“The time is always right to do what is right.”— Martin Luther King, Jr.
“…This is about young people who grew up in America – kids who study in our schools, young adults who are starting careers, patriots who pledge allegiance to our flag. These Dreamers are Americans in their hearts, in their minds, in every single way but one: on paper. They were brought to this country by their parents, sometimes even as infants. They may not know a country besides ours. They may not even know a language besides English. They often have no idea they’re undocumented until they apply for a job, or college…”– Barack Obama
Many present and retired high school principals can testify to that most difficult of moments, when your juniors are in the opening stages of that joyful and exciting exercise of applying to colleges and seeking college scholarships. It is in many ways one of the most redeeming and fulfilling parts of the job. But then you get that news. I can even now envision my SSCHS senior class guidance counselor Ms. Cammarata coming to my office, closing the door and saying: “Mr. Johnson, we need to talk.” That opening phraseology was never a good sign, and bad news was surely about to follow. “One of your favorite babies”; she would continue; “is (and/or the parents are) not in the country legally”. Because we had such a large Caribbean, Caribbean-American student population; in the majority of cases the student(s) in question were African-Caribbean, and not Latino, Asian, etc. (An important point missed by a lot of folks!)
She used the words “favorite babies”; because in every case these were some of my most academically high performing, best behaved, kind, warm and respectful students. They were ironically model US teenage citizens. These were the students we knew we could get some high quality college admissions acceptances and adequate financial scholarship support.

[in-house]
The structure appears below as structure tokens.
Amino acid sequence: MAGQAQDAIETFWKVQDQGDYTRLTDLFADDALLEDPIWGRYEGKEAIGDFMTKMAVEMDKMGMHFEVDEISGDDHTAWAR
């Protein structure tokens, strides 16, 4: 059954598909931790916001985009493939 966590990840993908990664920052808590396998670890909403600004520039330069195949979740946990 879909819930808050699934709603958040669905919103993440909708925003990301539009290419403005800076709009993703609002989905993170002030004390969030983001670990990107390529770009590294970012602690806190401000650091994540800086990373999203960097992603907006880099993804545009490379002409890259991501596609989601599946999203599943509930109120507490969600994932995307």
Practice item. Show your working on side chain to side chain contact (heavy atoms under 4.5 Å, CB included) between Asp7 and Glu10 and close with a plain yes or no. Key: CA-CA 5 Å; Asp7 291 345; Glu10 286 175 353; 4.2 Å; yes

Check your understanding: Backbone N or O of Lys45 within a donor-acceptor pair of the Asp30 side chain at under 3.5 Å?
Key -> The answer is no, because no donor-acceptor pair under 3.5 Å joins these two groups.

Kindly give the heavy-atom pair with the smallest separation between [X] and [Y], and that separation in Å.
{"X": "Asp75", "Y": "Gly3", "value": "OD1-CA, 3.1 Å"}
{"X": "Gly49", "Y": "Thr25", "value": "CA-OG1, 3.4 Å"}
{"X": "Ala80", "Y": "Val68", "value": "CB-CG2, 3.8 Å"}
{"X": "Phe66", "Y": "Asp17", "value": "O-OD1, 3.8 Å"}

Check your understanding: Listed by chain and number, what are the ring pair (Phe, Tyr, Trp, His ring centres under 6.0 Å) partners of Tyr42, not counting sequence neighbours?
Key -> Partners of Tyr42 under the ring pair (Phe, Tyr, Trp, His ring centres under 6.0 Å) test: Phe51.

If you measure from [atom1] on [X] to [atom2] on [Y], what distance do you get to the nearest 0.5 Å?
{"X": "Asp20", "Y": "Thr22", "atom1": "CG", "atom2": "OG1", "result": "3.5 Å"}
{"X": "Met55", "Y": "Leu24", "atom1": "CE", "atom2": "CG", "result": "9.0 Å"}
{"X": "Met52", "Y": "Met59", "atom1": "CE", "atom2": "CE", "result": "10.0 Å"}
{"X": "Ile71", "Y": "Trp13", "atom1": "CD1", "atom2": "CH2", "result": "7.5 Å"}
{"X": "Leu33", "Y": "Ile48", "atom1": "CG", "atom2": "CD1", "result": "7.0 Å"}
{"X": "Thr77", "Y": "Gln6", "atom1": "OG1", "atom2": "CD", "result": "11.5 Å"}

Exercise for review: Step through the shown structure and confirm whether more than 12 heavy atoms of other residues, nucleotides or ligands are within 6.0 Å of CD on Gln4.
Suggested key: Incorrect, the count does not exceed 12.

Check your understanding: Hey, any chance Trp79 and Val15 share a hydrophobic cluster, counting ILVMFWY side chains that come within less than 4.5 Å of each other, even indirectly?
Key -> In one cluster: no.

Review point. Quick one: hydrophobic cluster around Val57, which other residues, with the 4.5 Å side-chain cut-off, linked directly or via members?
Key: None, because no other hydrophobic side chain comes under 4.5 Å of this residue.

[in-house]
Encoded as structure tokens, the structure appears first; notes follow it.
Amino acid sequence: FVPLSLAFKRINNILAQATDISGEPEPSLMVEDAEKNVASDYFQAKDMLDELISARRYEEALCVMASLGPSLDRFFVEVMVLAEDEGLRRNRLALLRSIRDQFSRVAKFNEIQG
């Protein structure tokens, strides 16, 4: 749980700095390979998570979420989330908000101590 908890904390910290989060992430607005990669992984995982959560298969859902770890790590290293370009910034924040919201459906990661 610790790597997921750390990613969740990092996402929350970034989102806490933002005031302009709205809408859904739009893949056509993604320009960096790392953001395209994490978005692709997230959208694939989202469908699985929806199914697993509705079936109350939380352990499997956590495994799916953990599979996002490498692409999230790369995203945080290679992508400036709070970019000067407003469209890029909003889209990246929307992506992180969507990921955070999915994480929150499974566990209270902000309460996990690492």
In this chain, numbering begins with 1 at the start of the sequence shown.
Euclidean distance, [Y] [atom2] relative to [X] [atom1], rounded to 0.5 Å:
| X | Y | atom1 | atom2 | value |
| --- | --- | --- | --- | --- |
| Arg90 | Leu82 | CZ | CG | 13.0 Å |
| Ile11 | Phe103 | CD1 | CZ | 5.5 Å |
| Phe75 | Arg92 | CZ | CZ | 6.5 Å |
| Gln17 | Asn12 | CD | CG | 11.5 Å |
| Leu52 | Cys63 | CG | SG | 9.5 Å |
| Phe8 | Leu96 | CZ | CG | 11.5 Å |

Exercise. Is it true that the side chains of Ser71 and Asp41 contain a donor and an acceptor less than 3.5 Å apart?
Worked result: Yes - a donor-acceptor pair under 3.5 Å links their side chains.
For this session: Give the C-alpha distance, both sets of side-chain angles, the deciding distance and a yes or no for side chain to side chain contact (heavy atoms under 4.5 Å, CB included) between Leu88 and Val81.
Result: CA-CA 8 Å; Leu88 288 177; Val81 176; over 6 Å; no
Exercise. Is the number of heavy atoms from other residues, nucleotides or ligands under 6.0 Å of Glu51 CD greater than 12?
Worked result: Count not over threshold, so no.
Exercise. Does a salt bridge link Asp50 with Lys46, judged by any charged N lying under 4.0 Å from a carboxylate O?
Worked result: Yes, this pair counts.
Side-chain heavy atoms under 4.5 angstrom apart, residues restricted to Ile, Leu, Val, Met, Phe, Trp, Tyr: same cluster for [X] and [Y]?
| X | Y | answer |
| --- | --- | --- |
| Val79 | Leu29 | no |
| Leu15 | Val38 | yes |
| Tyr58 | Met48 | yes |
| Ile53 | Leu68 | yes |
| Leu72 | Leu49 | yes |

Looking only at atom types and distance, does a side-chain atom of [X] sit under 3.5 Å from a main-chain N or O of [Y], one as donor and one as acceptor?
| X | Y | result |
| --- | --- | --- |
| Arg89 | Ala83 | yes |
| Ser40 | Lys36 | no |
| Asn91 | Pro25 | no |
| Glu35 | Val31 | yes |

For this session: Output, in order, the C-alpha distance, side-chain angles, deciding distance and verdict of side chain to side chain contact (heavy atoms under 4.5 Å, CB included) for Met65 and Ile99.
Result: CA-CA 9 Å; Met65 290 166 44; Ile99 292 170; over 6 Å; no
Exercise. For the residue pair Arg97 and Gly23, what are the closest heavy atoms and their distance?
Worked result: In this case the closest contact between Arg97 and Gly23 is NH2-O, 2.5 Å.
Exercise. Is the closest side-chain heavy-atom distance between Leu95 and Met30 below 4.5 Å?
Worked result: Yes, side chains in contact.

The good news was that Ms. Cammarata and I could always put our heads together and get some free legal assistance for the family, and I could call in for some assistance favors from elected officials. We had a 100% success rate (although it was not always easy), of getting these very deserving young people into college and on the path to citizenship.
And I think back on those days with pride and joy for the education profession that champions children over politics. I guess that is why I was so upset by many of the DACA comments made by (more than a few) Black Americans.
I am seeing some very painful DACA comments on social media. I really hope none of these ‘posters’ are professional educators; because our standard ethical pedagogical responsibility is to educate all students regardless of their residency/citizenship status. Perhaps I am getting too old; but I remember the concept of African-Americans being the soul and conscience of America. Nothing can justify supporting the racist, bigoted and cruel actions of Trump, Sessions, et al. Structural, systemic and institutionalized educational and economic racism are the cause of pervasively high Black unemployment rates; not these young DACA folks. And when did the criteria for taking the right, just and moral position rest on who did, or did not support us on a particular issue? Many of us would have gone for personal wealth and not service a long time ago if that was the criteria! To borrow from the elders of my Brooklyn youth, when I too was a 1st generation Caribbean-American Dreamer: “If you lay down with racist dogs you will get up infected with racist fleas!” And one of my mother’s favorites that has haunted me all of my life: “There is no right way to do wrong!”